5 Easy-To-Climb Summits In The Alps Perfect For Beginners

Gran Paradiso (4,061 m / 13,323 ft)

Located in between the Aosta and Piedmont Valleys, Gran Paradiso is a classic alpine ascent. It is the tallest mountain solely located within Italy and boasts incredible views of the surrounding national park.

The climb begins with a hiking approach from Pont, which passes through boulder-strewn fields en route to one of two mountain huts.

The following day requires an early start as Gran Paradiso has one of the longest summit day ascents in the Alps. However, due to its lack of technical climbing requirements, the going is pretty quick.

The climb requires traversing the mountain’s glacier with crampons and an ice axe, before making a 60-meter scramble to the summit. All the necessary skills can be taught to climbers on the first day of the ascent.

Best starting point: Pont, Italy

Duration of the ascent: 2 days

Breithorn (4,164 m / 13,661 ft)

Sitting on the border between Switzerland and Italy, Breithorn is one of the easiest 4,000-meter climbs in Switzerland. By some estimates, the mountain is the most frequently climbed one in the whole country.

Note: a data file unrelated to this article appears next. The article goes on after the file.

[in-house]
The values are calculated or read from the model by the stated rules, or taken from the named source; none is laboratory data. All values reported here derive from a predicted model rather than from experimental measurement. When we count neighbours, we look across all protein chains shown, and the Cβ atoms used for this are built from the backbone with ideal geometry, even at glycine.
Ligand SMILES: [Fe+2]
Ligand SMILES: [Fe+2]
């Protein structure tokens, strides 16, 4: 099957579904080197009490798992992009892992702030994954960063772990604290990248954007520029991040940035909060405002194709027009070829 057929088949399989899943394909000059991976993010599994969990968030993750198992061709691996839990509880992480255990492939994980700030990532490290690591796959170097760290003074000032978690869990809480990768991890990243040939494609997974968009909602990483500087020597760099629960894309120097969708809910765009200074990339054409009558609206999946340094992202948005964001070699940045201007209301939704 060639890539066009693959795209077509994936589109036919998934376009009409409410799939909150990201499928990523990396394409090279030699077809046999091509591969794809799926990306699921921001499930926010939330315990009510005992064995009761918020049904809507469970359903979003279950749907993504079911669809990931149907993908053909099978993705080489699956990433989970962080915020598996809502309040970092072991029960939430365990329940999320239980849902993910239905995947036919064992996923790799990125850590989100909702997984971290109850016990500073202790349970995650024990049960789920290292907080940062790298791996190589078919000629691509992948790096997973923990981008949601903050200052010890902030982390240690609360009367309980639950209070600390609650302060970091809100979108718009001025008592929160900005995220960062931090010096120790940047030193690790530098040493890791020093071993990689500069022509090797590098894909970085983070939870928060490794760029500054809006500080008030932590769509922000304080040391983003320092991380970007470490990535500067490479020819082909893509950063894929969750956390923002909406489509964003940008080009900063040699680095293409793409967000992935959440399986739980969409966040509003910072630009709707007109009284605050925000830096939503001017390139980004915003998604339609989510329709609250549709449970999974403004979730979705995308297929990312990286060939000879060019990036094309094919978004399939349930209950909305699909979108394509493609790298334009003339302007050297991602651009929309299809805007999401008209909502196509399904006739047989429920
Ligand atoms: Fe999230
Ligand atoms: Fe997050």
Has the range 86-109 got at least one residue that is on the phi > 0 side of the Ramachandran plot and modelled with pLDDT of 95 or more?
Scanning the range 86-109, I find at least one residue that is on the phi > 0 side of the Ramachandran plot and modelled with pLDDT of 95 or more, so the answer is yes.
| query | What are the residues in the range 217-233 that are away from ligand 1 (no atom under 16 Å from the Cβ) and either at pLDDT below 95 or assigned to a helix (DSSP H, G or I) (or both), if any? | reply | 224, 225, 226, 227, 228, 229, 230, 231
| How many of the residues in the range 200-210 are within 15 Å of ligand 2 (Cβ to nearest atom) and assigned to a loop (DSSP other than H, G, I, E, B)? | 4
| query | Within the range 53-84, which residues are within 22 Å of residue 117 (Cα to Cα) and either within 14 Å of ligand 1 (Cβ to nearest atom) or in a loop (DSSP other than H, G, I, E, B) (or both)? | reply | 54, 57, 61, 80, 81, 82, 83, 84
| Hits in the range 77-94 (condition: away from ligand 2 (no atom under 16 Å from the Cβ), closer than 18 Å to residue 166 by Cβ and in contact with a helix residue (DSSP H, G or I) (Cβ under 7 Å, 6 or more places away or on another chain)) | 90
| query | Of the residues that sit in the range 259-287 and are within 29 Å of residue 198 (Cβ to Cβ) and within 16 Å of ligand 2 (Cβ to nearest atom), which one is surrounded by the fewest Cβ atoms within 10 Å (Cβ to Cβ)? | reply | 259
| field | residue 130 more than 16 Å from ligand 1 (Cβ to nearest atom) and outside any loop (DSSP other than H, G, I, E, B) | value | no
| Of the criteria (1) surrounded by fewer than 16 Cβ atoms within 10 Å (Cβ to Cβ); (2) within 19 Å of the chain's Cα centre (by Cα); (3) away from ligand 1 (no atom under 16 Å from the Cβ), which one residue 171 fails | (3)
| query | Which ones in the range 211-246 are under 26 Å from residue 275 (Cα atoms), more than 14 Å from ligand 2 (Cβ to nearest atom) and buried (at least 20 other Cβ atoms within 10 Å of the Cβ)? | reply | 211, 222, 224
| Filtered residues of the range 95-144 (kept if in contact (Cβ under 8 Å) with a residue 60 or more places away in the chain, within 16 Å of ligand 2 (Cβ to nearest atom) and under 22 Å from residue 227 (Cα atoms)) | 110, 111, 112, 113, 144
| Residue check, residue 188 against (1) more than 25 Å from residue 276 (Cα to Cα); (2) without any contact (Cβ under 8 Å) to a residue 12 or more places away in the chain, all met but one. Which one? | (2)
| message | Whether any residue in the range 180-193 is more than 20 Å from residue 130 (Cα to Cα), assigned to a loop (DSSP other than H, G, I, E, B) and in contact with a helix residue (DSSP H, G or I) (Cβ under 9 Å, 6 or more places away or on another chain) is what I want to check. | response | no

Part of the reason for this is the ease of access. The Breithorn climb begins by taking a lift up to either the Plateau Rosa (Cervinia) or Breithorn Plateau (Zermatt). Both plateaus are quite high up the mountain, requiring only a few hours of climbing afterward to reach the top.

This climbing mostly consists of using crampons and an ice axe to traverse the glacier, with only a few tricky parts along some cornices toward the end.

From the top, expect spectacular views out over the neighboring Matterhorn and Monte Rosa massif, with views into the Rhone Valley too.

Best starting point: Zermatt, Switzerland or Cervinia, Italy

Duration of the ascent: 1 day

Aiguille du Tour (3,540 m / 11,610 ft)

Another easy mountain climb in the Alps is situated at the northern end of the Mont Blanc massif. Aiguille du Tour offers novice mountaineers a great opportunity to get some high-quality alpine experience.

There are two main routes to the summit, one from the French side and one from the Swiss side. Both routes are fairly straight forward, beginning with an ascent up toward the mountain’s glacier on a chairlift.

Once off the chairlift, only basic cramponing and ice axe techniques are needed to cross the glacier before a brief scramble is employed to get to the top of the rocky spire.

From the top are some of the best views available of Mont Blanc as well as out into the rest of the Swiss and French Alps.

Best starting point: Chamonix, France

Duration of the ascent: 2 day

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